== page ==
The Newcastle Jets A-League saga appears certain to head to court after the battle between Nathan Tinkler and Football Federation Australia turned even uglier on Friday.
Hopes of a compromise between the warring parties were shattered on another dramatic day, with Tinkler's Hunter Sports saying it would follow through with its decision to return the club's licence, claiming compromise talks with FFA had broken down.
HSG claimed FFA had rejected its compromise proposal and would "welcome and look forward to any forthcoming legal action".
FFA hit back strongly with its own statement several hours later, saying no formal negotiations had taken place and that it had not seen, let alone reject, HSG's proposal.
The contradictory and confusing developments came as more than a thousand Jets fans gathered for a rally at Hunter Stadium to plead for the club's survival.
While the events came as a further blow to hopes a team in the city will remain in the A-League, FFA hinted it could be prepared to step in and save the club, or line up new owners.
"The region is too steeped in football tradition and passion not to be represented in the A-League," its statement said.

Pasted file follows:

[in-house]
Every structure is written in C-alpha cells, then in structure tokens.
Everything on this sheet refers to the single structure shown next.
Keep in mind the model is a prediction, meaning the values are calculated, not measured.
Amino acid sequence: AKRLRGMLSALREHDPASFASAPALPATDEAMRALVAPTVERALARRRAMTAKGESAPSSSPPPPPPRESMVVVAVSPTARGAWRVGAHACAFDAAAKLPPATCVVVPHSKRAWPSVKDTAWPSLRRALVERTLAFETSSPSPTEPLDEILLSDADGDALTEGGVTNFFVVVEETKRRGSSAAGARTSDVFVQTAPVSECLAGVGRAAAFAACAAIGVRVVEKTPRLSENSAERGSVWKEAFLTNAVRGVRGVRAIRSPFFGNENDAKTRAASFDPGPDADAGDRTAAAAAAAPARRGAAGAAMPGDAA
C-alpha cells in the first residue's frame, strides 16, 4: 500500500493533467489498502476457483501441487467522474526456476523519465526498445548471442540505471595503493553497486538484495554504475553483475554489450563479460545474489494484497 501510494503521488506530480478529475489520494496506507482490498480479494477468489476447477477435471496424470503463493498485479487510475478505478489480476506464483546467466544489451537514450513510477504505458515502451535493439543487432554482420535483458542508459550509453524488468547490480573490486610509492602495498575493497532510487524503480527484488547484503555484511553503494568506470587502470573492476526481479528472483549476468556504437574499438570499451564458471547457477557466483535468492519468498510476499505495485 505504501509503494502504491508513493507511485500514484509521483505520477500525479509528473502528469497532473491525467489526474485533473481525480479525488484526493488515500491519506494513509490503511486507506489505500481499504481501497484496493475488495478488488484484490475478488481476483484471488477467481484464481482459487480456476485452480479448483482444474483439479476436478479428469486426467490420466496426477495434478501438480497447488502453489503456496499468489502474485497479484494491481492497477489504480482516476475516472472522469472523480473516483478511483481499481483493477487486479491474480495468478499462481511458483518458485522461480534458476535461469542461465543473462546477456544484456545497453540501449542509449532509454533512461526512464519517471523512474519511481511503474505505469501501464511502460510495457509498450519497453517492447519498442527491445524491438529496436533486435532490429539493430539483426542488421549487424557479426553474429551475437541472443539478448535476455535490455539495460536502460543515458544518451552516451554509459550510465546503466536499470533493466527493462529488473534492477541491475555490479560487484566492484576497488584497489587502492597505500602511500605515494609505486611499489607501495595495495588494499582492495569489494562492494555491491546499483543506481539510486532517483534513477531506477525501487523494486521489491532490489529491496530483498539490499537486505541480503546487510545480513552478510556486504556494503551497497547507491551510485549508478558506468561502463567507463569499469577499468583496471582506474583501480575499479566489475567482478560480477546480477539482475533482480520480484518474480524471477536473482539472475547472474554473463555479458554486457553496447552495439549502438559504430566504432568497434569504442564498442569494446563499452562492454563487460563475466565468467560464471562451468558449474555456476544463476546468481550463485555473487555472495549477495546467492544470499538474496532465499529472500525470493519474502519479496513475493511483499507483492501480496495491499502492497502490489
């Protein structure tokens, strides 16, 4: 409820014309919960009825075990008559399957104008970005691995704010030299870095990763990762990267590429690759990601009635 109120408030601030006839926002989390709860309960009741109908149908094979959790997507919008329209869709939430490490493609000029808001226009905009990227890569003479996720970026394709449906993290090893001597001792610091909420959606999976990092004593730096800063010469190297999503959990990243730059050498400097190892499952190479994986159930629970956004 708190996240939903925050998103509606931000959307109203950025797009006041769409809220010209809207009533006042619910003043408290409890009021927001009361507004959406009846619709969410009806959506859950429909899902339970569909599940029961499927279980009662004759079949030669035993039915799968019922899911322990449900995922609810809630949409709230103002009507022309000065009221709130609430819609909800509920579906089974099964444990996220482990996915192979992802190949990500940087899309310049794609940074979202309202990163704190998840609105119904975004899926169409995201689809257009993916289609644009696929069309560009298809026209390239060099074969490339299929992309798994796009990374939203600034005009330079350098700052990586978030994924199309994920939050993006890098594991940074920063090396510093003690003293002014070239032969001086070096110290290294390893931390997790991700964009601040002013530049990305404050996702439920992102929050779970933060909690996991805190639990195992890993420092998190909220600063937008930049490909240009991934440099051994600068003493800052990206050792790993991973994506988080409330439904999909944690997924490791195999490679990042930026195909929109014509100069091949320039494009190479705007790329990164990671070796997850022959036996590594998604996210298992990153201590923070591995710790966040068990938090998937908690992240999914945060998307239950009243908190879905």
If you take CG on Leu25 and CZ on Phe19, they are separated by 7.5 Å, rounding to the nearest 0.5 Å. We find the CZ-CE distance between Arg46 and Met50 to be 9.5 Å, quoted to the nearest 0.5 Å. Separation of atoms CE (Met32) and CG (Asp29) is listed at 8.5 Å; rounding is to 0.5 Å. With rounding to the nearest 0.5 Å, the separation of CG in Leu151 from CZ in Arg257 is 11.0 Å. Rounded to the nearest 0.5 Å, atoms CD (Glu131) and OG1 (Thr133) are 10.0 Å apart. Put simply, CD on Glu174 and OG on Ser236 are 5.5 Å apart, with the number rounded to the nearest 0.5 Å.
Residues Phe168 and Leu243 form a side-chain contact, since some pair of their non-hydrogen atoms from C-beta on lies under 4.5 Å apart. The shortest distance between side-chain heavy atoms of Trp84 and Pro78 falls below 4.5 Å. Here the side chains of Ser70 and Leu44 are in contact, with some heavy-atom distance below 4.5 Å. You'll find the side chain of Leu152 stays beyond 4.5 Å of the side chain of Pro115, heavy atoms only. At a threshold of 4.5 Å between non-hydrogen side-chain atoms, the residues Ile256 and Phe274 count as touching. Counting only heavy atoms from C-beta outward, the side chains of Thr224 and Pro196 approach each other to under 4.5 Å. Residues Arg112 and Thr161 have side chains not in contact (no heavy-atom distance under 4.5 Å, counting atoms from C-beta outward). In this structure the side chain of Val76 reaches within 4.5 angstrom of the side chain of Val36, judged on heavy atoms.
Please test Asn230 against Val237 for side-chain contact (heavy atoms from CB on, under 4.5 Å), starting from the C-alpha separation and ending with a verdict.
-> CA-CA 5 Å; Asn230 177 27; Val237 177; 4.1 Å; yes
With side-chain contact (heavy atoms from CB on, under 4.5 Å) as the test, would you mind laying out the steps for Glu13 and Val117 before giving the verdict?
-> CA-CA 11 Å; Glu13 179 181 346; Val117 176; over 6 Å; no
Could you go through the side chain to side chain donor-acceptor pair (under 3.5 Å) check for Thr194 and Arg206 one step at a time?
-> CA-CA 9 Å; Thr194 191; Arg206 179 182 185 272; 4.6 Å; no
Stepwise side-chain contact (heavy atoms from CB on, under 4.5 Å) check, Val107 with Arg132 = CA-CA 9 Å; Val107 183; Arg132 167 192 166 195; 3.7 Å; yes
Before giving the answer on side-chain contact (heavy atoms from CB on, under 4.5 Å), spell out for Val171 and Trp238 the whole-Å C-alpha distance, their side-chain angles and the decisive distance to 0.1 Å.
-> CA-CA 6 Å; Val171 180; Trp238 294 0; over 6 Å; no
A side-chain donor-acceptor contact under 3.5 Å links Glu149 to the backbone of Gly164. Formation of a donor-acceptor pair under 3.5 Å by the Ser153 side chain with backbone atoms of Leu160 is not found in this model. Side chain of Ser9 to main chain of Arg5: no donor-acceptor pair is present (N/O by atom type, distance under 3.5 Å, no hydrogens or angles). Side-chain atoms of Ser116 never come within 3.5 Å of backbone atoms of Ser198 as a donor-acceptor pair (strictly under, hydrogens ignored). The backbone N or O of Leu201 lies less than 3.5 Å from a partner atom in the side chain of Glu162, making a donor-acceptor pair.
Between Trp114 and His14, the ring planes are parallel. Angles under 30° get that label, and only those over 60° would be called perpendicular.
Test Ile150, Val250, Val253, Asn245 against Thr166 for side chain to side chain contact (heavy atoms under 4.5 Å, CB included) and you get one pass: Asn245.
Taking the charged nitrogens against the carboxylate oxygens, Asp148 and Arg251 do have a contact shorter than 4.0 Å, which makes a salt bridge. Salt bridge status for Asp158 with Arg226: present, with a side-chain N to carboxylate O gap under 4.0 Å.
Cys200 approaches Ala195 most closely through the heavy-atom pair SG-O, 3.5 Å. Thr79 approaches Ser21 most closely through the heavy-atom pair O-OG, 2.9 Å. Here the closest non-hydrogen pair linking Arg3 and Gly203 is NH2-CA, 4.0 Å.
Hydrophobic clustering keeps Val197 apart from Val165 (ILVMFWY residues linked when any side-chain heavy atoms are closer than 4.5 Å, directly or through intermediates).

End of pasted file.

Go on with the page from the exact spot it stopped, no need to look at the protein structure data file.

FFA officials were privately furious over Friday's developments, having felt a compromise was still possible.
But it now appears likely FFA will attempt to sue Tinkler's group for us much as $50 million in damages for breach of contract.
HSG released a statement early on Friday afternoon saying it had offered a peace deal which meant it could still keep the licence it is meant to hold until 2020.
The terms of the deal included FFA reviewing a reported $4.5 million fee in the acquisition of the club's licence and settling the ongoing Jason Culina insurance matter immediately.
HSG claimed it would also invest $250,000 on behalf of all clubs and the FFA to create an independent taskforce to make recommendations on improving the sustainability and transparency of the A-League.
HSG claimed the proposals were immediately rejected by FFA chief executive Ben Buckley but FFA responded strongly refuted that claim.
The FFA said it had not received a formal proposal from HSG, nor had it been offered a chance to meet face-to-face over the issues.
Buckley said: "FFA reaffirms its position that it does not accept that HSG has the right to return the A-League licence."
FFA said it would not interfere with the Culina matter because it was being heard by an independent arbitrator and said there was "no need" for a $250,000 external review.
And it claimed it had offered to enter formal negotiations over the licence fee "but HSG has repeatedly declined to sit down around the table".
Friday's event offered little clarity to Jets' players and staff, who remain in limbo over their futures.
Players' association chief Brendan Schwab told AAP earlier on Friday that Jets players needed to know exactly where they stood as a matter of urgency.
"We fear that if the uncertainty continues then come next week when the grand final has been played and quite a number of the coaching appointments have been resolved, it will become very difficult for the Jets players to sit tight," he said.